I tend to go to the gym between 3-4 times a week, train in Thai Boxing and play football. To test my fitness I took part in a Tough Mudder (which I'd recommend for all) and occasionally do medium distance runs for charity. That being said, as a guy of Panjabi heritage, my diet isn't great, although its something I'm actively trying to improve.
I usually get a little cranky when I don't go gym for a few days, so going on longer travels presents a problem. However, during my first extended trip I found that just because you're travelling, doesn't mean you have to skip gym.
Spain is the number one destination for British tourists, and its not hard to see why. Sun, sea, sand, lively nightlife, a rich cultural history and cheap flights mean this country has a little something for everyone.
I have been to Spain a number of times over the past few years including trips to Madrid, Ibiza, Menorca, Valencia (x2) and Barcelona (x3). I have even spent a little time studying in the country and every time I go I experience something new and something different. Although, the one thing I have never experienced over there is rain.
It's difficult to condense my experiences into a small list, but here are the 10 things I loved most about Spain,.
Rio de Janeiro
One of the largest cities in the Southern Hemisphere, home of one of the Seven Wonders of the World, birthplace of the largest carnival on Earth and famous for its beaches, it is no wonder that Rio is the most visited city in South America.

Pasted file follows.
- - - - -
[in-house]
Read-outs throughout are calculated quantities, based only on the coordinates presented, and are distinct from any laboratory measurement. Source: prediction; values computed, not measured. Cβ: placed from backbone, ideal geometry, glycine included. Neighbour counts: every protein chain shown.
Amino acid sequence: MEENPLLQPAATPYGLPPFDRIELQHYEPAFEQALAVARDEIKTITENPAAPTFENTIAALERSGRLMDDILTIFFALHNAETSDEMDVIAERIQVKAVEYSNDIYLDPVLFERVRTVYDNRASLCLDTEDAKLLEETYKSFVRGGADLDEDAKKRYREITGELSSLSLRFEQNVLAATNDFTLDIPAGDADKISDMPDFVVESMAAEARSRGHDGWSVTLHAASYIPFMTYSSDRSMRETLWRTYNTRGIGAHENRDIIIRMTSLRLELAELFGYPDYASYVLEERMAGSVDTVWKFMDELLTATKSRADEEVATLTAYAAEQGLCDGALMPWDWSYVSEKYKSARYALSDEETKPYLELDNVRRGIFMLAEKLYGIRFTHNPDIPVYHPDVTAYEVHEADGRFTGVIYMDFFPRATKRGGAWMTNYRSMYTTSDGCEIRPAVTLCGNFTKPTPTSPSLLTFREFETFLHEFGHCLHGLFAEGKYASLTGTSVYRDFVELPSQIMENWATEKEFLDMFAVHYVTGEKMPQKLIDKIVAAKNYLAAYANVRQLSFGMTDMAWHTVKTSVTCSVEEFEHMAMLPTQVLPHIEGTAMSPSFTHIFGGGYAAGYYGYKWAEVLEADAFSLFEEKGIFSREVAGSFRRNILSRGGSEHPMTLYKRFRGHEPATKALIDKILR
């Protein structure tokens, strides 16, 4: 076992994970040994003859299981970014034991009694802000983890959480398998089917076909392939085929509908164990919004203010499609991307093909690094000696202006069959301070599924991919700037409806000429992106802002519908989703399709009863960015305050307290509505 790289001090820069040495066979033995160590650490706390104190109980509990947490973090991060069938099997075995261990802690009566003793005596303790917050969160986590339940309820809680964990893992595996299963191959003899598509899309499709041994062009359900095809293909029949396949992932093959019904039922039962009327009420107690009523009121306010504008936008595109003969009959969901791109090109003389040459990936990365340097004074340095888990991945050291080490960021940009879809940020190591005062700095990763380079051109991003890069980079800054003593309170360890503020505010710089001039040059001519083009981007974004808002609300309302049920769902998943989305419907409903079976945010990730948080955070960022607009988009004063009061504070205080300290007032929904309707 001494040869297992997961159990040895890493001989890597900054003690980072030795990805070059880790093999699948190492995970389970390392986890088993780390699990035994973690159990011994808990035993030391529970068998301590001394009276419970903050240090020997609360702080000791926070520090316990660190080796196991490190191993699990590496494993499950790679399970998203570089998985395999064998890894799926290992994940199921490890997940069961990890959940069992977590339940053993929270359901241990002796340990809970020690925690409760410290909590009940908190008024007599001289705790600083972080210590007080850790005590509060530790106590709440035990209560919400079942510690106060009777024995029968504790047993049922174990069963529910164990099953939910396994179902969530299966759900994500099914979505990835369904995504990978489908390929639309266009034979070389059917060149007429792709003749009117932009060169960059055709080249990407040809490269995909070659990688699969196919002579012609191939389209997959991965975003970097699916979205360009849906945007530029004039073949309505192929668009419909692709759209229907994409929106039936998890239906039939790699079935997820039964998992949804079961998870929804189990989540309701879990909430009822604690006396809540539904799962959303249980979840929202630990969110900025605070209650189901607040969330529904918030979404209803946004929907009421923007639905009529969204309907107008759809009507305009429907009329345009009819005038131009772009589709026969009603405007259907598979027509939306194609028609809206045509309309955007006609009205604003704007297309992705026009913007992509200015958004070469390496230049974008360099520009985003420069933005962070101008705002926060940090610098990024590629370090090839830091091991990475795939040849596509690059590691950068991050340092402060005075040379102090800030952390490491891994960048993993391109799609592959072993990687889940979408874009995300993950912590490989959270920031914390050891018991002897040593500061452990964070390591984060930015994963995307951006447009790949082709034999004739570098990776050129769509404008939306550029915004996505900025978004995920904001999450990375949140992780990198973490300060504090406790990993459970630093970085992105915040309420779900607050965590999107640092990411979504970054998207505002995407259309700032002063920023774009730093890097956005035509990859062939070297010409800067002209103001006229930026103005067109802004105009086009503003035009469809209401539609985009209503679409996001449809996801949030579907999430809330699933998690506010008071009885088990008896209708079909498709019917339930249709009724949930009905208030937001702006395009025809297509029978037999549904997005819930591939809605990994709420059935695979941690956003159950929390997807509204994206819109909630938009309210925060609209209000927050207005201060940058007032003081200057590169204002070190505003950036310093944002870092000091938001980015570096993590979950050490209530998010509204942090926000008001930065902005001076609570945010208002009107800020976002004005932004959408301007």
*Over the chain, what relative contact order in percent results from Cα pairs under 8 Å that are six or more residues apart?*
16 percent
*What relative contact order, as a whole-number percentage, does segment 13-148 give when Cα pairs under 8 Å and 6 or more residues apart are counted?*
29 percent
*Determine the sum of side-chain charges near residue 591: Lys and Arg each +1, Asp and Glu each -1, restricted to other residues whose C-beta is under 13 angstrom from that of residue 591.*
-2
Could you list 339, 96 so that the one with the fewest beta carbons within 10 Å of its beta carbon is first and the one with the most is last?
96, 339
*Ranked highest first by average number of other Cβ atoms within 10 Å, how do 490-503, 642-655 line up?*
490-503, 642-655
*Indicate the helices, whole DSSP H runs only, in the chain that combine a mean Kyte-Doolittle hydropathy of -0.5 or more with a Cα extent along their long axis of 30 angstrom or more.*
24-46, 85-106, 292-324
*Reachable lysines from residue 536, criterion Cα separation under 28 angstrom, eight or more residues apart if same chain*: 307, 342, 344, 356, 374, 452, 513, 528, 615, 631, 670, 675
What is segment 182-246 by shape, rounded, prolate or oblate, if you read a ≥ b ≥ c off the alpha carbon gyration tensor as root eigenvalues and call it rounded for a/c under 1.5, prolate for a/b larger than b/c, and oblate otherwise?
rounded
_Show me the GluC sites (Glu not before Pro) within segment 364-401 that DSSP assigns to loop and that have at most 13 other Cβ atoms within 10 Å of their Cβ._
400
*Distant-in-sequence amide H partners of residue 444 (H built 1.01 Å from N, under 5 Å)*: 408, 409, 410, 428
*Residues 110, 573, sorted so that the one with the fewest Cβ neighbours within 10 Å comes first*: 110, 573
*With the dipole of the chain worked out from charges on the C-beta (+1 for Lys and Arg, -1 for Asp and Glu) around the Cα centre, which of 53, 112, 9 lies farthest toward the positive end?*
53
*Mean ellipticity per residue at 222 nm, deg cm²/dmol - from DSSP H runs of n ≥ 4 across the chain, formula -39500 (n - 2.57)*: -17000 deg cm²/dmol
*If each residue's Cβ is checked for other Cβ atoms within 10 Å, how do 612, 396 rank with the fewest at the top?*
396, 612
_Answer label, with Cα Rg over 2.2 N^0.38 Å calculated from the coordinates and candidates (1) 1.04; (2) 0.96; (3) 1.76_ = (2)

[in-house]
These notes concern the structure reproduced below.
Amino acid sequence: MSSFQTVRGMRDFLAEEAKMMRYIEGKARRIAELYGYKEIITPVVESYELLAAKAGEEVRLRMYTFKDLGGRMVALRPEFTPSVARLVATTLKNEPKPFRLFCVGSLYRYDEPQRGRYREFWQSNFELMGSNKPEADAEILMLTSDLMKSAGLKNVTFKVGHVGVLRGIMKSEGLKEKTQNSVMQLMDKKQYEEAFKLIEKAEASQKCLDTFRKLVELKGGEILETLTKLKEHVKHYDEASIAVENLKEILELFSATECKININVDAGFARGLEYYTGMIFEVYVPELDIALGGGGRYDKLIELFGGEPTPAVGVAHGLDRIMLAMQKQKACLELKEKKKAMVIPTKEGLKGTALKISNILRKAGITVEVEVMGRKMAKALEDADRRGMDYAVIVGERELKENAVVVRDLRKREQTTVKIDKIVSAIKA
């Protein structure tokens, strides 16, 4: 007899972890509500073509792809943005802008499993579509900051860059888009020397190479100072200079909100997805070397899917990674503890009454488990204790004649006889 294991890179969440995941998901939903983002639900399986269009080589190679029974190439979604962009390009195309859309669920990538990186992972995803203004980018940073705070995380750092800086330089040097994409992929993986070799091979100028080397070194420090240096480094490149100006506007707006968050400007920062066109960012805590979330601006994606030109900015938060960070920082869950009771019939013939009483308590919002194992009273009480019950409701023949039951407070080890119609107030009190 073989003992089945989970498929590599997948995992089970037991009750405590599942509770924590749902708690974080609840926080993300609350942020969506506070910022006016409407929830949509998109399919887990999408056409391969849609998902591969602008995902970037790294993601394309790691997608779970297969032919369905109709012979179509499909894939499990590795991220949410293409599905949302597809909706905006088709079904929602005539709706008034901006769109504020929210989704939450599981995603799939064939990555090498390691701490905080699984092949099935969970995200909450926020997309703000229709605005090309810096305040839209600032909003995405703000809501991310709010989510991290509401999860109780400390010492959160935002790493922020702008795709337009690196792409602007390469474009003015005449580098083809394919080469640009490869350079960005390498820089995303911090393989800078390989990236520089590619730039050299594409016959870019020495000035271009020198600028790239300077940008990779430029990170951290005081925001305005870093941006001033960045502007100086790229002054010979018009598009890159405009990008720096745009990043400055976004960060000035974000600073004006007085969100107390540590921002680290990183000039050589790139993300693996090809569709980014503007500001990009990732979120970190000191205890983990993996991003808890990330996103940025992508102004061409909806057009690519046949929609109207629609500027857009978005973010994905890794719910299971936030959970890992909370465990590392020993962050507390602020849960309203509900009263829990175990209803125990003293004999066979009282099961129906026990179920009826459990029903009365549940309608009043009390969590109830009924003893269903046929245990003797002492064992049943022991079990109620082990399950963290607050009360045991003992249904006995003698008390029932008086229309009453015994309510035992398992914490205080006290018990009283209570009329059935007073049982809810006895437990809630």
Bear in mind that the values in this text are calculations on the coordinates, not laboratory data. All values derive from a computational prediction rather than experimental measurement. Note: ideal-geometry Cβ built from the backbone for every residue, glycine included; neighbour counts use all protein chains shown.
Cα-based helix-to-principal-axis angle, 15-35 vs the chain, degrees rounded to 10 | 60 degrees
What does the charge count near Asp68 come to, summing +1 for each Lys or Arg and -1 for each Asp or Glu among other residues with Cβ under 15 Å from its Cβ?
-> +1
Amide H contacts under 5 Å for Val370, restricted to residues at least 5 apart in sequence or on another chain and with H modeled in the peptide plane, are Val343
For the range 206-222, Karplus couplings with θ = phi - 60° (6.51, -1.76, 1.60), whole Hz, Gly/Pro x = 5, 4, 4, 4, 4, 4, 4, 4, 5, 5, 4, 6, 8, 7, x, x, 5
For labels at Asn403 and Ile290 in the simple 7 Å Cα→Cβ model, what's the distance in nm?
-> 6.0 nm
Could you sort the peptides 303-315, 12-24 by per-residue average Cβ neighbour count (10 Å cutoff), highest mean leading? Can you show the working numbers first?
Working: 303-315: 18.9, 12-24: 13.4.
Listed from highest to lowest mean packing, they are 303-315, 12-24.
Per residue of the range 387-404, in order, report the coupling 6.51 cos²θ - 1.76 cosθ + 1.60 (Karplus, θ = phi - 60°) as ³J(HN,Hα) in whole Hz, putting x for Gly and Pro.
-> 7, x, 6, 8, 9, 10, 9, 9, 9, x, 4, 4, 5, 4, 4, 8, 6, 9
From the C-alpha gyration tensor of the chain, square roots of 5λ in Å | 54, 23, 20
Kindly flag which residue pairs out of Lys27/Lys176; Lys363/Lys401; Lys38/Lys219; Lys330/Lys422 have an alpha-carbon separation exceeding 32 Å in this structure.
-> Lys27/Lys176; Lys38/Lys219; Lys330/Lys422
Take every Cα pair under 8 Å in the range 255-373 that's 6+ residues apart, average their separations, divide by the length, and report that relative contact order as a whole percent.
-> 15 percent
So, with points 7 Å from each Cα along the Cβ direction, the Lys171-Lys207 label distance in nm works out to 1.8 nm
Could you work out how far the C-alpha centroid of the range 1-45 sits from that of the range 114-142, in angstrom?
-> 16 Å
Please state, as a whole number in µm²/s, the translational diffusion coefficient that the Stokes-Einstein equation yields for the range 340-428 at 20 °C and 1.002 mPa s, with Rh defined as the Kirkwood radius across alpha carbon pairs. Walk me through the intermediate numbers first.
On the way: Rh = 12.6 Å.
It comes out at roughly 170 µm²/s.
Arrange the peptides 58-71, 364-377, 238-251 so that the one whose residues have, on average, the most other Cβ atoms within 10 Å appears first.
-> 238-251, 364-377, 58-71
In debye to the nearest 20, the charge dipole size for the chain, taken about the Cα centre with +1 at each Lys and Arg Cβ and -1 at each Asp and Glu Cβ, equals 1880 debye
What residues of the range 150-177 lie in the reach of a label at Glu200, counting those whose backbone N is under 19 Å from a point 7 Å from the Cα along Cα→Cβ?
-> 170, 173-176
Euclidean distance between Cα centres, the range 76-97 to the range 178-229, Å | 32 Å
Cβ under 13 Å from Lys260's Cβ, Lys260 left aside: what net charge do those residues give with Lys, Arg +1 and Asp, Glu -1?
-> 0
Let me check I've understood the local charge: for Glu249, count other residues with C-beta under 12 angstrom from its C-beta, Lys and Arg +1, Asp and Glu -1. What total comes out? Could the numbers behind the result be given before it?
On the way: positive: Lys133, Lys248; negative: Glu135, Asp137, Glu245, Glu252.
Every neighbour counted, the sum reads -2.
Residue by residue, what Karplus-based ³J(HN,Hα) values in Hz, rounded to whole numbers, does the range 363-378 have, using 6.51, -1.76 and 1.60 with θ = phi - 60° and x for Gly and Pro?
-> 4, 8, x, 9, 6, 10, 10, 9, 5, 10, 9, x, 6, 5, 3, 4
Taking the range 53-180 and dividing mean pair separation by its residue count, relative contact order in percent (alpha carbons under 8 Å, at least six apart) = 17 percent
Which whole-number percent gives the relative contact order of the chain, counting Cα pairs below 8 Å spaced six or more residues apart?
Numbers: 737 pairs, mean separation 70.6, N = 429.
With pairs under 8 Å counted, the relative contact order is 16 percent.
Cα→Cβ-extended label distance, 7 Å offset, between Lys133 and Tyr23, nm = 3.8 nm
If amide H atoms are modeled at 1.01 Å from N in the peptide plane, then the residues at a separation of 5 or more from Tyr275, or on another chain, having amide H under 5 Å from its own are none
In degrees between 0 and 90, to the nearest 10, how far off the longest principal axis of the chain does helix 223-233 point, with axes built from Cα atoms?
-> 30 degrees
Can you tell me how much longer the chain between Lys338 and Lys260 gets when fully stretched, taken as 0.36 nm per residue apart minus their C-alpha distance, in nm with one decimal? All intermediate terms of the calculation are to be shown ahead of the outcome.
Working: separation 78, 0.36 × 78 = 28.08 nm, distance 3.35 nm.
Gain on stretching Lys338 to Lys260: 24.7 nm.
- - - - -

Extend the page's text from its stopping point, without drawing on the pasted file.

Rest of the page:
This city has the feel of a very large metropolis, similar to the rush of Bangkok, and you could spend a month here and still not scratch the surface. Rio has a lot going for it, but there is an income gap that seems to be increasing and social tensions that the state tries to hide from the public view (the construction of large panels to cover Favela's as you drive into Rio being the most striking). However, the positives are endless and this is truly one of those cities that never sleeps.
In this article I have included a selection of my favourite photo's that I took in the city, pictures that I think can give you a feel for Rio, its culture and its attractions.
Airport Rating ****
Reception of locals *****
Founded initially as a Roman Colony, Valencia has architecture dating back two thousand years with Roman, Arabic and Spanish influence all mixing to create a modern city with traditional roots and the third largest city in Spain.
Its the location of Valencia, coupled with its climate and recent growth that has seen it become a popular location for stag parties over the past couple of years. A city that offers experiences similar to nearby Barcelona for a fraction of the price is always going to be a popular choice. I made two different trips to the city over a 3 month period, staying in both the old town and by the beach and both experiences were quite different although tied together by the amazing City of Arts and Sciences